Considered by many to be Im Kwok-taek’s first masterpiece, truly a stunning and contemplative film…
‘Buddha’s not just in the temples.’
In Mandala, two monks become acquainted on the road as they search for their enlightenment, but their approach could hardly be more different. Pob-un, a young monk on a break between winter and summer meditation (played by a very youthful looking but already 20-year veteran of film, Ahn Sung-see, Festival, The Taebaek Mountains, Nowhere To Hide) practices Asceticism, abstaining from worldly pleasures. The older, so-called ‘renegade monk’ Ji-san (Jun Moo-sang) is his opposite in every way, with loutish demeanour he enjoys the pleasures of the flesh, he constantly drinks.
His status has been forced upon him. After succumbing to worldly pleasures with a girl from a local village, he was blamed for her friend’s rape. Even after he was exonerated, his reputation was shot, and he followed he to Seoul where he indulged in a hedonistic world sex, bars and discos, yet still quickly found it left him as hollow as before.
But Ji-san is a contradiction. While Pob-un is reluctant to pander to middle classes use of rituals as a sign of their standing in a community rather than true belief, Ji-san is happy to belligerently and publically expose it for what it is. We hear of charitable, almost saintly deeds undertaken off screen, yet on screen we see him meet up again with his old girlfriend, now a prostitute in a red light district of Seoul.
Such encounters are too much for Pob-un to bear, and he quickly returns to the temple. Preoccupied himself by thoughts of the flesh; the girl he left behind to become a monk some six years earlier, and the mother who for all intensive purposes abandoned him as a child. But events bring them back together…
From the opening of Mandala, director Im Kwon-taek imbues the film with a still, meditative quality to match the films themes. A long take of a bus driving into frame in an immensely beautiful but equally desolate landscape, along the road that will bring them together. The paces matches the tone of the film perfectly.
Cinematography by Jung Il-sung, a regular collaborator with Im, helps add to the lyrical quality of the film, weaving these small, almost insignificant figures into grandiose panoramas. The composition is elegant, but challenging, thrusting figures into the central foreground out-of-focus, really using the 2:35 ratio widescreen to it’s fullest effect.
Presenting the film in person at the BFI Southbank as part of a retrospective in his honor, Run Far, Fly High, Im announced we was in quite a Buddhist frame of mind when he came to make the film. Based on Kim Song-dong’s bestselling book, at Mandala’s heart is a theological discussion on two very different paths to nirvana; that their take on mandala, or sacred place, takes them to very different environments.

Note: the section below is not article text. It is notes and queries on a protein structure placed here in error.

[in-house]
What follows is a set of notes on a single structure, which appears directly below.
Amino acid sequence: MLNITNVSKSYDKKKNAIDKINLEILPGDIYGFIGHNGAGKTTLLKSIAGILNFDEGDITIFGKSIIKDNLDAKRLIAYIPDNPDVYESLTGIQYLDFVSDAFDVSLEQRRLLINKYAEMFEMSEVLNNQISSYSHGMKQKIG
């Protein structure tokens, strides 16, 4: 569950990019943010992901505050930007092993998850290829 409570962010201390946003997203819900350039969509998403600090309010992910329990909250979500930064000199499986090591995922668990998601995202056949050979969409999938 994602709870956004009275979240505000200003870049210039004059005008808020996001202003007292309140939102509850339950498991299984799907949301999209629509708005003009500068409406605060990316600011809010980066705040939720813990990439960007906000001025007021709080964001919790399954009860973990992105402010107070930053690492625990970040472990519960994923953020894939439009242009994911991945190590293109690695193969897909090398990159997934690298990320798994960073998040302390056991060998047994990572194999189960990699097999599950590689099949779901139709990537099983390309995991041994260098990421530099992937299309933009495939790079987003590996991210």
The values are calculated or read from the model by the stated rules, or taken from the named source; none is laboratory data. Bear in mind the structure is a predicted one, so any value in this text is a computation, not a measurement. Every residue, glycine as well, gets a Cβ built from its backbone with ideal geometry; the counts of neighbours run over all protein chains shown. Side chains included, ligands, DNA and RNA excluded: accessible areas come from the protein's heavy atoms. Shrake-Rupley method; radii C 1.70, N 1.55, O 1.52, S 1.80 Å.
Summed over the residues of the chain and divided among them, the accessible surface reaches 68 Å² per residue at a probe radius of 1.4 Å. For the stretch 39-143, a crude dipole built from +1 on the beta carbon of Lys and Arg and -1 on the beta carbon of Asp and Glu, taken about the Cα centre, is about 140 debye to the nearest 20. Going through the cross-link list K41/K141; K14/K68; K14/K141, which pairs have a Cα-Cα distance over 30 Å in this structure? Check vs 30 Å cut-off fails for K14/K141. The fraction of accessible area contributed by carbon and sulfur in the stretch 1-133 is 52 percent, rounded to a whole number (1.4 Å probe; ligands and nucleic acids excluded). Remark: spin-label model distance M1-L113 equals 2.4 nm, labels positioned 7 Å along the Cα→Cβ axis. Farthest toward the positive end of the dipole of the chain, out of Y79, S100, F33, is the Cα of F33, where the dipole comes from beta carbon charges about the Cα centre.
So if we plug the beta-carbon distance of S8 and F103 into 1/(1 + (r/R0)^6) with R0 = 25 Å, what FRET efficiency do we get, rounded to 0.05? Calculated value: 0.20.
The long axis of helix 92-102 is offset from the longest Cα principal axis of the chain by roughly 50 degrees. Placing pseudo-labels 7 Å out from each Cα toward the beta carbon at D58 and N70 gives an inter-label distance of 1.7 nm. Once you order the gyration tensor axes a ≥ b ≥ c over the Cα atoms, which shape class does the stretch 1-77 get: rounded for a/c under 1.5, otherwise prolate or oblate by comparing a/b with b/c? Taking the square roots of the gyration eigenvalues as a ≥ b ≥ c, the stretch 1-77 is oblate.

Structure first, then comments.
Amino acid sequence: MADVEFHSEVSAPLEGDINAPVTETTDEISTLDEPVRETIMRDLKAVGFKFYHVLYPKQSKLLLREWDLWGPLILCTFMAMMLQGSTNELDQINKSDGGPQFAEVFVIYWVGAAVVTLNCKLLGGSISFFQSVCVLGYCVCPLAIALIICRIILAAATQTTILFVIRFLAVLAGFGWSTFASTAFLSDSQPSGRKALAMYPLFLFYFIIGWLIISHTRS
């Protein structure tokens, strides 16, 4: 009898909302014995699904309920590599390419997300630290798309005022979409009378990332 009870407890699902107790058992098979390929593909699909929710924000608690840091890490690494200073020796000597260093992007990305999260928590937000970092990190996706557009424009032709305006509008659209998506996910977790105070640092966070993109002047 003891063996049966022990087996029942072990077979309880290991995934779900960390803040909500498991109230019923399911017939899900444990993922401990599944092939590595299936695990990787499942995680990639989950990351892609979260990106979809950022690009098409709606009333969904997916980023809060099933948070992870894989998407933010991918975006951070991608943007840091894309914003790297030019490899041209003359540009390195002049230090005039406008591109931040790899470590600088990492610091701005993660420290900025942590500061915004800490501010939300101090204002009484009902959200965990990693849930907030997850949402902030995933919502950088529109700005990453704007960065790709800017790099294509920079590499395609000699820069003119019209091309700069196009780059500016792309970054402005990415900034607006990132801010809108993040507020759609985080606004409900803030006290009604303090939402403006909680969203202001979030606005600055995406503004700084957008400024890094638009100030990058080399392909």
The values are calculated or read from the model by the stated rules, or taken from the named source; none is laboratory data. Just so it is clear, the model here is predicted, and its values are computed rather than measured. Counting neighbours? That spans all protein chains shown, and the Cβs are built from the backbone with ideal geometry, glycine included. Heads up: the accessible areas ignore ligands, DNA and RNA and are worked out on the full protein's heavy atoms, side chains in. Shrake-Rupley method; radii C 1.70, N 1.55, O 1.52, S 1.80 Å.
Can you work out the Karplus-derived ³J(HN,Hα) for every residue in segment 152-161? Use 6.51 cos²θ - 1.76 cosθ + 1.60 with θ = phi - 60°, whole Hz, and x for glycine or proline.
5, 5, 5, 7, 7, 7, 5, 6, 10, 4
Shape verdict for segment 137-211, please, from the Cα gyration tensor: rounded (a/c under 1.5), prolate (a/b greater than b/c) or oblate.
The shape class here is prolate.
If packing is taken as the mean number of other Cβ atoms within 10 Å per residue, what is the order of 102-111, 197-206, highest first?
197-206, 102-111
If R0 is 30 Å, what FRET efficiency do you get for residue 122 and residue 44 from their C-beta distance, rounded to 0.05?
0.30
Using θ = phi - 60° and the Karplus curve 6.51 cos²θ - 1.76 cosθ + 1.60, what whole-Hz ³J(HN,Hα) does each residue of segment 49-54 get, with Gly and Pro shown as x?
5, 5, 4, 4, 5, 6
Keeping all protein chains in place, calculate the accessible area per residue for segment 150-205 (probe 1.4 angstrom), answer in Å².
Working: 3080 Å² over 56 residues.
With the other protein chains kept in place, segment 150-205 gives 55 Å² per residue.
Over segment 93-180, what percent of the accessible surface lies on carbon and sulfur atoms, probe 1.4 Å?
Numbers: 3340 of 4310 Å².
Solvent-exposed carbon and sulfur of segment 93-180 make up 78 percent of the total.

Yet the power of Im’s film is that you don’t have to fully understand Buddhism to understand or enjoy the film. In fact, he’s perviously said had no special knowledge, but it was his determination to make the film that forced him to research it more closely. Where the original novel may have been more critical, Im backs away from judgements. There’s no essence of a right or wrong way. Indeed such themes of belief in religion are universal, and something Im has returned to several times, particularly in films like Come, Come, Come Upward (rather a female slant on Mandala) and Daughter of the Flames.
Interestingly, it seems for Pob-un that the biggest obstacle in progressing his quest is confronting the very things he’s run away from: his ex-girlfriend and his non-existent relationship with his mother. And here lies a truth rooted as much in the secular world as it is the spiritual: that we cannot progress in our lives without dealing with our past head on.
A stunningly beautiful and thoughtful film, I’d admit to being blown away by Mandala. A true masterpiece.
The Im Kwon-taek panel interview, with Hangul Celluloid, MiniMiniMovies, ‘F-Word’ magazine and CineAsia_online.
Mandala was shown as part of Im Kwon-teak: Run Far, Fly High, a retrospective of the director’s work, and has been released on DVD as part of the Im Kwon-taek collection.
Originally published 29 October 2012.
Distributor: Blue Kino (SK)
Edition: Im Kwon-taek Collection – 4-DIsc DVD Box Set (2012)
Presented as part of a prestigious 4-dvd boxset with an accompanying book. Mandala has been lovingly restored and in well presented.
This boxset also includes Wangshibri (A Bygone Romance) (1976), Jokbo (The Genealogy) (1978) and Jakgo (Pursuit of Death) (1980). Each film comes with a commentary by Im with a notable film critic. (Jakgo also has a second commentary with the screenwriter.) Unusually, these have been English subtitled, and even the book has an English segment.
A (fairly) expensive but rather worthy addition to any Asian film fans collection!